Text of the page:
Founders face many trials and tribulations when building their companies, from fundraising woes to visa challenges to product failures to company failures.
And according to Kari Sulenes, “almost everybody who has built a company has a burnout story.” Her startup, Atlas, connects venture firms and startup founders to specialized therapy sessions. Plus, it views the silver linings of burnout stories: “There’s also a large number of people who have a burnout story who have an impact story that comes out of it.”
More recently, as a response to the coronavirus outbreak, the company was hired by a number of venture capital firms to provide mental health services to portfolio companies. The uptick in business -- that is, clients looking to provide founder-specialized therapy during uncertain times -- makes Atlas projected to double its estimated revenue this year.
We’ve interviewed VCs that, in the wake of the novel coronavirus disease, have told their startups to hold off putting excessive capital to work. Others said to keep your head down and work on the product. And some that say it is business as usual until the dry powder dries up.
Beyond business economics, mental health remains largely unaddressed from the slew of issues that founders struggle with, oftentimes alone and in private. Atlas’ utilization sheds light on how the tech industry’s financial arm is prioritizing health.
It’s just one data point, but it’s an important one, nonetheless.
Starting this week, Atlas is launching a small group founder program with the following firms: Primary VC, Corigin Ventures, SoGal Ventures, Spero Ventures, Lerer Hippeau and Crosscut Ventures.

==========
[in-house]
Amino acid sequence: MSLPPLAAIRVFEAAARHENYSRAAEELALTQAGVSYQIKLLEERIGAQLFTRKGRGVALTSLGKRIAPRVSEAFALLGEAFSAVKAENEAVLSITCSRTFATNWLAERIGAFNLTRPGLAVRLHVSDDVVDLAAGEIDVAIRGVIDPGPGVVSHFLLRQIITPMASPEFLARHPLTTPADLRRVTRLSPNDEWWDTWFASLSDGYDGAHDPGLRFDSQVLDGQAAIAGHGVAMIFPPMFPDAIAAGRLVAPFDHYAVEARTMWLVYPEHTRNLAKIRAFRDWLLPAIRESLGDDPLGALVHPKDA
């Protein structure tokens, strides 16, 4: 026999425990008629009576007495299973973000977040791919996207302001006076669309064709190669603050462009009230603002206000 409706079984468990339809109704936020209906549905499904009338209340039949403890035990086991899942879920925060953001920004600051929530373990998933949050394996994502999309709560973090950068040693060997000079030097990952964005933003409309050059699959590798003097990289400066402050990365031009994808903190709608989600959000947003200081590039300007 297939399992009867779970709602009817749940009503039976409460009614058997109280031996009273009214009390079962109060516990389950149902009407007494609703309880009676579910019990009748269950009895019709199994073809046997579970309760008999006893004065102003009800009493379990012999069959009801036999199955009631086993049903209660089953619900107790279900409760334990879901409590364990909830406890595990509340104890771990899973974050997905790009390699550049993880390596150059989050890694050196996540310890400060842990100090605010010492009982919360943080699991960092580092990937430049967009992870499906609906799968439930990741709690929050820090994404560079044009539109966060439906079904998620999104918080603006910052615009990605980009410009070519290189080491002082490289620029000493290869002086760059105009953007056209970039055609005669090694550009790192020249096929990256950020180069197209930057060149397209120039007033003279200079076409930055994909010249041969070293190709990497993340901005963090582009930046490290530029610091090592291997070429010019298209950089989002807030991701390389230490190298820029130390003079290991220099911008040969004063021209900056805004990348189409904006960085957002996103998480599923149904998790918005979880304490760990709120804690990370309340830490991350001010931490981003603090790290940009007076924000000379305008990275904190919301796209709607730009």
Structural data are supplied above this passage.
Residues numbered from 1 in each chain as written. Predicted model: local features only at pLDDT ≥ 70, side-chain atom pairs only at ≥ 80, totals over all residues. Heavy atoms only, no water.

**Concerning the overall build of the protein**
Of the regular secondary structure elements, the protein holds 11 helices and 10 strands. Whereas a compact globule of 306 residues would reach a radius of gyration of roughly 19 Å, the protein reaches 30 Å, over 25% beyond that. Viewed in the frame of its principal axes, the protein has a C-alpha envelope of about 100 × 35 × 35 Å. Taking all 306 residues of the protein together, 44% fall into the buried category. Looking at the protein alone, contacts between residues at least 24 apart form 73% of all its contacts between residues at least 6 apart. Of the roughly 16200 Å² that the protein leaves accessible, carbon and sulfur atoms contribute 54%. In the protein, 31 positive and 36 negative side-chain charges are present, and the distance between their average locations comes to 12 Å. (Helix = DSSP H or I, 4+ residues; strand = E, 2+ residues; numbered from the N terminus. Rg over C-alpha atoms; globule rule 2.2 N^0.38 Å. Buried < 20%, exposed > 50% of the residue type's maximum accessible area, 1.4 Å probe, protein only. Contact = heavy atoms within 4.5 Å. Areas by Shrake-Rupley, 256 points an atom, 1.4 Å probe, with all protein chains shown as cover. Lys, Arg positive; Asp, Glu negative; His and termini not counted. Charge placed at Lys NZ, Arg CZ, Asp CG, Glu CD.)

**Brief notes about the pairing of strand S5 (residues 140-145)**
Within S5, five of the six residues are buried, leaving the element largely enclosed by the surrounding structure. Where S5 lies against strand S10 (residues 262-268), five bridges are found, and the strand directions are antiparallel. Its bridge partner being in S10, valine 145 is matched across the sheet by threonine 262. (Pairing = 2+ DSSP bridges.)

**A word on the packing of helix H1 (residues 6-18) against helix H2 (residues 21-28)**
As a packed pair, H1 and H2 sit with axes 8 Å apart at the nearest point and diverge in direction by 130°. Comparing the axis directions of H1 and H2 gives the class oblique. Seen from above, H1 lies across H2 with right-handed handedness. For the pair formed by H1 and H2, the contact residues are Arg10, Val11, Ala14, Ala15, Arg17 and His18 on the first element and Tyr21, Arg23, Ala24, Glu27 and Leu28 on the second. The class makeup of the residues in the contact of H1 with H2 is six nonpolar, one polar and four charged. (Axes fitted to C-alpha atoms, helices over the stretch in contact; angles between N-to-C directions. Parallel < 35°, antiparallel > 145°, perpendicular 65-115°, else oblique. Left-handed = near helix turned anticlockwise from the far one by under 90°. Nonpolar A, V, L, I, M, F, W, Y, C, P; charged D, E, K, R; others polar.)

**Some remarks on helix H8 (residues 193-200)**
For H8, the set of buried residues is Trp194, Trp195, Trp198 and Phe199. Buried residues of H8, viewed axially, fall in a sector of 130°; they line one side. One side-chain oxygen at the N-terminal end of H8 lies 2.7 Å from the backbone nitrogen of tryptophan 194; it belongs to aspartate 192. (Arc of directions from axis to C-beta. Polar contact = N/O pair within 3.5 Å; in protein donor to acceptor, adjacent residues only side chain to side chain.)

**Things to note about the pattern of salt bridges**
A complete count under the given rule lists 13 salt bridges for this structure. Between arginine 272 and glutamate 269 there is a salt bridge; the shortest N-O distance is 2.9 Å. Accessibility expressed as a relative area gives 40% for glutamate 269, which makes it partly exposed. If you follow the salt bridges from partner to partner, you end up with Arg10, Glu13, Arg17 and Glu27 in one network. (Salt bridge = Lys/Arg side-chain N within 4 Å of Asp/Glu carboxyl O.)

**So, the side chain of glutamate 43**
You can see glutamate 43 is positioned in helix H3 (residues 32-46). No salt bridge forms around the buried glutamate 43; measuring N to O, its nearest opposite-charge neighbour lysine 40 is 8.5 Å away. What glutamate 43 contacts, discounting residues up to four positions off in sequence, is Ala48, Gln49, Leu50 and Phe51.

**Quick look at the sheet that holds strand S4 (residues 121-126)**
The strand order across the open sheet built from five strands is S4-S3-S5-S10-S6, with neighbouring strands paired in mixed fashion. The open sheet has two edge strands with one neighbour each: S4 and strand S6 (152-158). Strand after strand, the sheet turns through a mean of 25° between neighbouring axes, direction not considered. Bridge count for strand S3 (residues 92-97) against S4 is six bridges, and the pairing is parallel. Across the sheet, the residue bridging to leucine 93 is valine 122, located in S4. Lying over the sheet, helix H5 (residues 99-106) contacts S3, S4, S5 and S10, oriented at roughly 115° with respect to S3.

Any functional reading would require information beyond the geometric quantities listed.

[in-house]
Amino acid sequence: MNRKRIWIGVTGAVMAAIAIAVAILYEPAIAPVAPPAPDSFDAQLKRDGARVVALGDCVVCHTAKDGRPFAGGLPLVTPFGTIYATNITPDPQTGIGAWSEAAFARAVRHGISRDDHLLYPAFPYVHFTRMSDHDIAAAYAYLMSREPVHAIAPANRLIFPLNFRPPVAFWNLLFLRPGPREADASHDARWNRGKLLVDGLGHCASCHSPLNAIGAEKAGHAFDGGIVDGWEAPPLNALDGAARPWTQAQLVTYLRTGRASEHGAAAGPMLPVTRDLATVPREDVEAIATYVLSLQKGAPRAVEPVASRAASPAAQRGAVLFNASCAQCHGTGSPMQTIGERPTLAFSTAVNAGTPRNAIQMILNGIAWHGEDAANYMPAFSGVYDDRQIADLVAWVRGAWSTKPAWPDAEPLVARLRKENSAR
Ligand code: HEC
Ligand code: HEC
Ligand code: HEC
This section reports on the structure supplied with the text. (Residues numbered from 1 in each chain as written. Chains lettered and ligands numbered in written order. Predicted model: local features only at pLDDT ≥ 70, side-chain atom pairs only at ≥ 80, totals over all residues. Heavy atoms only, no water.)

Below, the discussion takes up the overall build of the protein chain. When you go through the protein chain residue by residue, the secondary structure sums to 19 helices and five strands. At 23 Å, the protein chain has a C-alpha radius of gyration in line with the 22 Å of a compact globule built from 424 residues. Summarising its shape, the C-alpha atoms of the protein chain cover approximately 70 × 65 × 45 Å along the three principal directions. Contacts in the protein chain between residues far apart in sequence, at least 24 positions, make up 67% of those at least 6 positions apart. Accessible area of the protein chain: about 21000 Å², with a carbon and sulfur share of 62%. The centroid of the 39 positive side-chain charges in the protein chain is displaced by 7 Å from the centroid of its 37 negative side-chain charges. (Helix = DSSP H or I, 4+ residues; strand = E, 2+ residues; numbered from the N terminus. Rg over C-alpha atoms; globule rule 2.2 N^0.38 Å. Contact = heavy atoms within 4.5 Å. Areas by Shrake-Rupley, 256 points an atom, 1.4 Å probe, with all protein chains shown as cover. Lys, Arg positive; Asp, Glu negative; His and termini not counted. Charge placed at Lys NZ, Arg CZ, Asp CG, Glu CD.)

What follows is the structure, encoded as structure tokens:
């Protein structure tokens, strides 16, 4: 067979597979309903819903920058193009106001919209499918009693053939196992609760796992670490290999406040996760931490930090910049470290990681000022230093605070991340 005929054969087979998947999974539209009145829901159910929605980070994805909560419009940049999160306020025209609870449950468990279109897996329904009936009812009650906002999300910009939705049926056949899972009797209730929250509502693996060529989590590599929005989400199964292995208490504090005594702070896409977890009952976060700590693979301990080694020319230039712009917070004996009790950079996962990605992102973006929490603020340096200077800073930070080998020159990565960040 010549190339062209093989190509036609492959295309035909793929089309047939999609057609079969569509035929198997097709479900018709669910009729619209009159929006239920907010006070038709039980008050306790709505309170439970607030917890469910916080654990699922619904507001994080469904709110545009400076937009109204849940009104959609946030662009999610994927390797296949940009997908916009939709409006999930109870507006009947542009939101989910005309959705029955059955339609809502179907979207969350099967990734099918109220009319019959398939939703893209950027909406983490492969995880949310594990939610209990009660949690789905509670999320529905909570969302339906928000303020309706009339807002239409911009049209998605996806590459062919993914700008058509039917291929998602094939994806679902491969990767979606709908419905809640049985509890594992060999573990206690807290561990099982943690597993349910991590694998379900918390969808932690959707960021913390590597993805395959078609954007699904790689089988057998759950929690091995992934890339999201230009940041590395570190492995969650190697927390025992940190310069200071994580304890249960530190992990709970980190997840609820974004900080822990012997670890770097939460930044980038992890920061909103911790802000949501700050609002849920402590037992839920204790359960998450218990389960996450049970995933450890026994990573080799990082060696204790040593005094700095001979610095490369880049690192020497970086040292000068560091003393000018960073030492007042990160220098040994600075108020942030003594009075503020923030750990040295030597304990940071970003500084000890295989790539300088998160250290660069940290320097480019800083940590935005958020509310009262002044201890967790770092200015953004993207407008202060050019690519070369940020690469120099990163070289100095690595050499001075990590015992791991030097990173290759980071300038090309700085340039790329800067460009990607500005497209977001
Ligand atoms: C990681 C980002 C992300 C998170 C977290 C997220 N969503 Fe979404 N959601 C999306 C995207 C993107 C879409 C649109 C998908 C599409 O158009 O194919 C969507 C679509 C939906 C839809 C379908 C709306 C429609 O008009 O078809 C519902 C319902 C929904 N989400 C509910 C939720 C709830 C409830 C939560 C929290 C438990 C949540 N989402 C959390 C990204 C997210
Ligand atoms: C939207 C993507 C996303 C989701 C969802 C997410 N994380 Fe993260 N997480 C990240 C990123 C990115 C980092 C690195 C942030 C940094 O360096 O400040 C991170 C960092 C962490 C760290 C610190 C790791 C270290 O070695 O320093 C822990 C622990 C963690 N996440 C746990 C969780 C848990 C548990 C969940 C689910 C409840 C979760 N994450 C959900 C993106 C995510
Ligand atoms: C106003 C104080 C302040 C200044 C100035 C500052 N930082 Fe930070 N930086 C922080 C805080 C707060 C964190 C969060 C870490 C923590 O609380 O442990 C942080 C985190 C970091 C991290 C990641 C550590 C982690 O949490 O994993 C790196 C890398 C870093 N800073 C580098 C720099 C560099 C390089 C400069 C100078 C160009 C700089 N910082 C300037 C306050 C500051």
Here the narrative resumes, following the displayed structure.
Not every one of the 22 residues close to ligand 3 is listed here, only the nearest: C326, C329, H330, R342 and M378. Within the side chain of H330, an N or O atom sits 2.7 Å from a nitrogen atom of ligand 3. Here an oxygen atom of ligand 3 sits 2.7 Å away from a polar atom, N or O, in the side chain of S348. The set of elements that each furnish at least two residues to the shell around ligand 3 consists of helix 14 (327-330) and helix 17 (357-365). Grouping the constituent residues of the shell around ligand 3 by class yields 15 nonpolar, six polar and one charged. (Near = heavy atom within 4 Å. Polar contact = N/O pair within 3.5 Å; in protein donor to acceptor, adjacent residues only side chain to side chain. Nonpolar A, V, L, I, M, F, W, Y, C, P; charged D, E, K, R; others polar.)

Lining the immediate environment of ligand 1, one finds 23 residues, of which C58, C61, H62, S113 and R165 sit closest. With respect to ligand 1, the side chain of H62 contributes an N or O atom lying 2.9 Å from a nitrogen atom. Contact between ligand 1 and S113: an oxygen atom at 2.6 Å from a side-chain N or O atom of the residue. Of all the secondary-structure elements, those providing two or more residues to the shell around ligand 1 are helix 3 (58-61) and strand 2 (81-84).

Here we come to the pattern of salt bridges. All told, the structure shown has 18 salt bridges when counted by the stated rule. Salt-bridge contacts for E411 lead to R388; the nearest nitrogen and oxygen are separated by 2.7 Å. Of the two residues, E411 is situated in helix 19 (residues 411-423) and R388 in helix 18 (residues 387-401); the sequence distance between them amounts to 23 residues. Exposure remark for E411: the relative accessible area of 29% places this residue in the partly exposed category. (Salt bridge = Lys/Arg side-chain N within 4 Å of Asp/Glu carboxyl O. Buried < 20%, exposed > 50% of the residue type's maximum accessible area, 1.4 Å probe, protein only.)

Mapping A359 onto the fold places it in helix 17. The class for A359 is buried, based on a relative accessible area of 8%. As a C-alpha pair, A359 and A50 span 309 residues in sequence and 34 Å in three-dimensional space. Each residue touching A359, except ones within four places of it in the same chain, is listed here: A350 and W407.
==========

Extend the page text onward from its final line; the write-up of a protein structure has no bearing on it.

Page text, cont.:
Atlas is also working with the venture capital firm it spun out from in the first place: AlphaBridge VC. Sulenes, the founder and executive director, noted that while these firms were in prior communication with Atlas, the outbreak helped increase their business with the company (in other words, the world ending inspired the firms to bring its mental health resources out to its portfolio founders).
Atlas in action
Here’s how small group sessions for founders will shape up: Atlas will hold a virtual group program that connects six to eight founders, mixed between all the portfolios of client venture firms with a minimum commitment of six months. Each small group will meet twice a month for one and a half hours, and it will be facilitated by a trained life coach. From there, Sulenes says, there is not much structure.
“Founders can’t bring [anxiety] to their company, they have to hold steady and strong,” she said. “We are the place they can have their freak out that they can’t have every other place.”
The small groups will be created by a three-interview process led by Atlas. Sulenes noted that she matches groups based on stage of company, plus goals and personality structure “so the people who want to go deep and talk about existential problems” can. Others, she said, might want to keep it to business impact.
Atlas “anti-matches” on sectors so there aren’t competitors in the same group. The company also has an offering in which it embeds a coach in a company to work with employees, executives and managers for mindfulness and development.
Before the outbreak, Atlas relied simply on word of mouth.
“We are different from coaching firms who are charging a lot of money and looking to be seen as experts -- we are who we serve,” Sulenes said. There are no clinical psychologists within Atlas, but there are individuals who are trained to be life coaches.
Sulenes says that the team was thankfully “at scale” for massive interest with a group of trained coaches on deck. Right now, due to the pandemic, the startup is offering any founder a preliminary conversation, free of charge.
Of course, the startup has had to respond to the novel coronavirus outbreak in-house as well. While the meetup is usually done in person, Sulenes said that the small groups will be done virtually. Next week, they’re having a free event for group coaching -- it is titled Homeostasis Happy Hour.